Compositional differences between meteorites and near-Earth asteroids

P. Vernazza, R. P. Binzel, C. A. Thomas, F. E. DeMeo, S. J. Bus, A. S. Rivkin, A. T. Tokunaga

Research output: Contribution to journalArticlepeer-review

136 Scopus citations


Understanding the nature and origin of the asteroid population in Earth's vicinity (near-Earth asteroids, and its subset of potentially hazardous asteroids) is a matter of both scientific interest and practical importance. It is generally expected that the compositions of the asteroids that are most likely to hit Earth should reflect those of the most common meteorites. Here we report that most near-Earth asteroids (including the potentially hazardous subset) have spectral properties quantitatively similar to the class of meteorites known as LL chondrites. The prominent Flora family in the inner part of the asteroid belt shares the same spectral properties, suggesting that it is a dominant source of near-Earth asteroids. The observed similarity of near-Earth asteroids to LL chondrites is, however, surprising, as this meteorite class is relatively rare (∼8 per cent of all meteorite falls). One possible explanation is the role of a size-dependent process, such as the Yarkovsky effect, in transporting material from the main belt.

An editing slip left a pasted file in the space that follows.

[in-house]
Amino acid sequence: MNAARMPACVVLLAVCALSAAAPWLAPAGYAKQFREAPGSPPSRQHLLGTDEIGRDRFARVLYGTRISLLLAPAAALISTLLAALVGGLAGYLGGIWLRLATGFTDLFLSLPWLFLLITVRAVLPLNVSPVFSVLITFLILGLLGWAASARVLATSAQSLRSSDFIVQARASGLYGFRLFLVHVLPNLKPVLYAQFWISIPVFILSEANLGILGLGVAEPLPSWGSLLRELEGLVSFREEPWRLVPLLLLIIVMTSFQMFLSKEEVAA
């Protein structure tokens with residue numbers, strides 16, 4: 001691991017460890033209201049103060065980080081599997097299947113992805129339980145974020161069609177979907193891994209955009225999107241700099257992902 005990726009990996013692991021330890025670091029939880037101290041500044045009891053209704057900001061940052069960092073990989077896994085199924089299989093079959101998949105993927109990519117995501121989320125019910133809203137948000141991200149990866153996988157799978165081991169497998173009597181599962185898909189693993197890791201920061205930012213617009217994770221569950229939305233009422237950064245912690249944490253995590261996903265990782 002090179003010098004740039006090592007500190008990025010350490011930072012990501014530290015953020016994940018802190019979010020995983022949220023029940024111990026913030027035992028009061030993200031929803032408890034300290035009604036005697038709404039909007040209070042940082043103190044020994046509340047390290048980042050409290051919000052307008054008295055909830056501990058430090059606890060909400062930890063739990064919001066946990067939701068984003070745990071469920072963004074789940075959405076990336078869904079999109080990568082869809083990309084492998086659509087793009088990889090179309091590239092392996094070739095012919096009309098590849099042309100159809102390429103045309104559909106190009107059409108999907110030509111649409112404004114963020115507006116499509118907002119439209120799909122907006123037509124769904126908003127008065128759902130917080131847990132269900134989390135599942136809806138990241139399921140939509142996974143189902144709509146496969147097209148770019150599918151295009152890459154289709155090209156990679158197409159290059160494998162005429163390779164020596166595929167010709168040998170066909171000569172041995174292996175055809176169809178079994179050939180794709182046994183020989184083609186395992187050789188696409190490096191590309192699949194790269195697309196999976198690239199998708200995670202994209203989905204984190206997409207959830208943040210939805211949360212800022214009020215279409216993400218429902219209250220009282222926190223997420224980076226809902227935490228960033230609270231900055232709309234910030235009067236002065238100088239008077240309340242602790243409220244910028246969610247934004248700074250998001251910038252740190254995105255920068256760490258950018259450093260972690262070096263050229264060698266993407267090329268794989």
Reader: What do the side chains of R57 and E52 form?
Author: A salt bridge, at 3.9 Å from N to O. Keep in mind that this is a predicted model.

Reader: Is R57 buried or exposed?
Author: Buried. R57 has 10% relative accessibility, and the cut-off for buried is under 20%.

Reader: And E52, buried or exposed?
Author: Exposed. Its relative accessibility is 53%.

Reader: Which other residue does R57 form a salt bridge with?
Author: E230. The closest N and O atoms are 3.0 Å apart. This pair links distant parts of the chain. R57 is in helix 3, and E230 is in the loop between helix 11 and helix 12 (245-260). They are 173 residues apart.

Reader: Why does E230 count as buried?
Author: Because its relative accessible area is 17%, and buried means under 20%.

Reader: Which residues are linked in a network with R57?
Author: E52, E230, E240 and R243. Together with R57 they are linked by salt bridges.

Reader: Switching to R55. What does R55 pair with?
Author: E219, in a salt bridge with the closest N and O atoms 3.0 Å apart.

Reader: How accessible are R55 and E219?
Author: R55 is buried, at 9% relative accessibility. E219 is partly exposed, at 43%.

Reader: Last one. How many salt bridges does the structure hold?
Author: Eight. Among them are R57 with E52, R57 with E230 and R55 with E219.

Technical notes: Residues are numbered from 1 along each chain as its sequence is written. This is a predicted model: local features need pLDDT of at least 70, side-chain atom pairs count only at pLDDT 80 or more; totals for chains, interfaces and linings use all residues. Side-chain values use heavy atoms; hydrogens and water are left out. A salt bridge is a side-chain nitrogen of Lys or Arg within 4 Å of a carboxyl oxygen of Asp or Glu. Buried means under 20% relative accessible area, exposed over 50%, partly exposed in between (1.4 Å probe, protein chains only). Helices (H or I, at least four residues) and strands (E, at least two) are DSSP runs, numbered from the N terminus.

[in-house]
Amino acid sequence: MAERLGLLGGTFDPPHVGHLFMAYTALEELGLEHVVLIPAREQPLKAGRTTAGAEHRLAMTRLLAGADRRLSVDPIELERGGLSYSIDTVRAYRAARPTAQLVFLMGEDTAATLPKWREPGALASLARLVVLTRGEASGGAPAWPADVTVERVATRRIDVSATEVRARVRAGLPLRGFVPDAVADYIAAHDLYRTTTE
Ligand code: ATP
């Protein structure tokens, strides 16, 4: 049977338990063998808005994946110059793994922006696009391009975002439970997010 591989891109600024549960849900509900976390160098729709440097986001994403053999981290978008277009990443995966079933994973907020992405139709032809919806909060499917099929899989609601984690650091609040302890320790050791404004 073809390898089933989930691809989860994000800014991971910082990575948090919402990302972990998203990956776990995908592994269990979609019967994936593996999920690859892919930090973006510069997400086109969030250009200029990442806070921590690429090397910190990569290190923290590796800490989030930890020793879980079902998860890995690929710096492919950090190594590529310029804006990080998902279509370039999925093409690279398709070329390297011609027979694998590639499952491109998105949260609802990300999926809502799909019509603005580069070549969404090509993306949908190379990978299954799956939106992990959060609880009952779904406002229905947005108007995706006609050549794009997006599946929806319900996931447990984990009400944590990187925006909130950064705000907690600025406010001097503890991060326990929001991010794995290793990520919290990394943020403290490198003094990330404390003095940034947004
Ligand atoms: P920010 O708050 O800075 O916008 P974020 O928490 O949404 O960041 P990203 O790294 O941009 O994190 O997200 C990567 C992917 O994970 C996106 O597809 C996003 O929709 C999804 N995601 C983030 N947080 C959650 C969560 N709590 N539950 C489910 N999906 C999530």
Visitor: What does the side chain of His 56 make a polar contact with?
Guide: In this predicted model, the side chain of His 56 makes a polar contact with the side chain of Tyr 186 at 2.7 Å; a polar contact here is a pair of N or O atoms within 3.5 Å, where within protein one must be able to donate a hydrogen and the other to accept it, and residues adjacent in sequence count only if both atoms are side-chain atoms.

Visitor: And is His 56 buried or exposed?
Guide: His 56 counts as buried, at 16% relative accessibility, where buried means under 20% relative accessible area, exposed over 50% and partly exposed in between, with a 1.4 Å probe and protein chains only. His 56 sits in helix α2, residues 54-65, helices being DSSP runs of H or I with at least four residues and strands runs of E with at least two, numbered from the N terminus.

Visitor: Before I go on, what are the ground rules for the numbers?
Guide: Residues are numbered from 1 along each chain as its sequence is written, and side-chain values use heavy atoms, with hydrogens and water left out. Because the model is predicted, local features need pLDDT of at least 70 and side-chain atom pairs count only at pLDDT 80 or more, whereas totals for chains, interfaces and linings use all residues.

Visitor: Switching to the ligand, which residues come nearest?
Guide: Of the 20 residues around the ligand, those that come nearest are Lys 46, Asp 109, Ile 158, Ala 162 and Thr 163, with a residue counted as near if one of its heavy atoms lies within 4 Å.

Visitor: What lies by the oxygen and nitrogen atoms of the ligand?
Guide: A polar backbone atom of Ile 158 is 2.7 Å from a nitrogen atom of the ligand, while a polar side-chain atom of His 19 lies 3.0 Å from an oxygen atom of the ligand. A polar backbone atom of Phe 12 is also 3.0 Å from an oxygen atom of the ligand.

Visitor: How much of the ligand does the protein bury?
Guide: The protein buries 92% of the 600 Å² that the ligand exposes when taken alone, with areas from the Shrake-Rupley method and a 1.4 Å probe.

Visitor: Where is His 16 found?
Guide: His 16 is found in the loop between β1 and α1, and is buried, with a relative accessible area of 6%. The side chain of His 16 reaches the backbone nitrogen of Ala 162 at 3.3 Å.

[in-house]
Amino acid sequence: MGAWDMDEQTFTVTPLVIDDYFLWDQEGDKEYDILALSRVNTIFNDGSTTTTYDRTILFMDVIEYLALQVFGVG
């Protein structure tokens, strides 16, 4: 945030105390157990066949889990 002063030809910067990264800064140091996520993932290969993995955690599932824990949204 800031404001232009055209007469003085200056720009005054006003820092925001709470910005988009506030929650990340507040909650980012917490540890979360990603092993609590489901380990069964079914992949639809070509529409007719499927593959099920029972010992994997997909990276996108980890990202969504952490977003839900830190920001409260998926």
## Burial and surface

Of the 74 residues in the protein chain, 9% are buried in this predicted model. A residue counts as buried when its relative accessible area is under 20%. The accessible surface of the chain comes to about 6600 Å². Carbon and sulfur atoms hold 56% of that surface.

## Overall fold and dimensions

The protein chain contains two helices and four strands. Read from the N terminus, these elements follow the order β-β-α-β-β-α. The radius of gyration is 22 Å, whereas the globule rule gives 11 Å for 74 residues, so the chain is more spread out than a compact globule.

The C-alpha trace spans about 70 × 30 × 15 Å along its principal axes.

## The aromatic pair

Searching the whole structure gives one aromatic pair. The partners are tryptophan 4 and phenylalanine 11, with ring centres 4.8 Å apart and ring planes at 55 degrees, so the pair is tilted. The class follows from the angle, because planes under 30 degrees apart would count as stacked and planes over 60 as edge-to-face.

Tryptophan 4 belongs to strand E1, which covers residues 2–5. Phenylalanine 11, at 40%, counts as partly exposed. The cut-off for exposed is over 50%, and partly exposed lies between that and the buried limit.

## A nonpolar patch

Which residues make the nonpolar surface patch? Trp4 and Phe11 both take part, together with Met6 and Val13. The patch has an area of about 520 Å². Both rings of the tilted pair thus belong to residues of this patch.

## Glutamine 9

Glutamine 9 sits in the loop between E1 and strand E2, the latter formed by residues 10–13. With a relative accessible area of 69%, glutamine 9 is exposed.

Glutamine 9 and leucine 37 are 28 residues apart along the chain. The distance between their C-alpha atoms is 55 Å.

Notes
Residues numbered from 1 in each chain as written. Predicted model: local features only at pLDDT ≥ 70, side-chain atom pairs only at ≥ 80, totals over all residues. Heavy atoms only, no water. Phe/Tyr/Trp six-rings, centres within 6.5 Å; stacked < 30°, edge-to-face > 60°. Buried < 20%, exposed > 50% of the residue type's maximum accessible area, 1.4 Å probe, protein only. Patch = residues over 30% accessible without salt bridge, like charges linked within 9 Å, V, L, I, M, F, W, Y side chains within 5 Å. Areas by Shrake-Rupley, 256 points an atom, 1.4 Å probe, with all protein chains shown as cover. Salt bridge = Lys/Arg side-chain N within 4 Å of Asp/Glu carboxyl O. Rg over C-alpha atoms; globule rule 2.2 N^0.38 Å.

Original languageEnglish (US)
Pages (from-to)858-860
Number of pages3
Issue number7206
StatePublished - Aug 14 2008
Externally publishedYes

ASJC Scopus subject areas

  • General


Dive into the research topics of 'Compositional differences between meteorites and near-Earth asteroids'. Together they form a unique fingerprint.

Cite this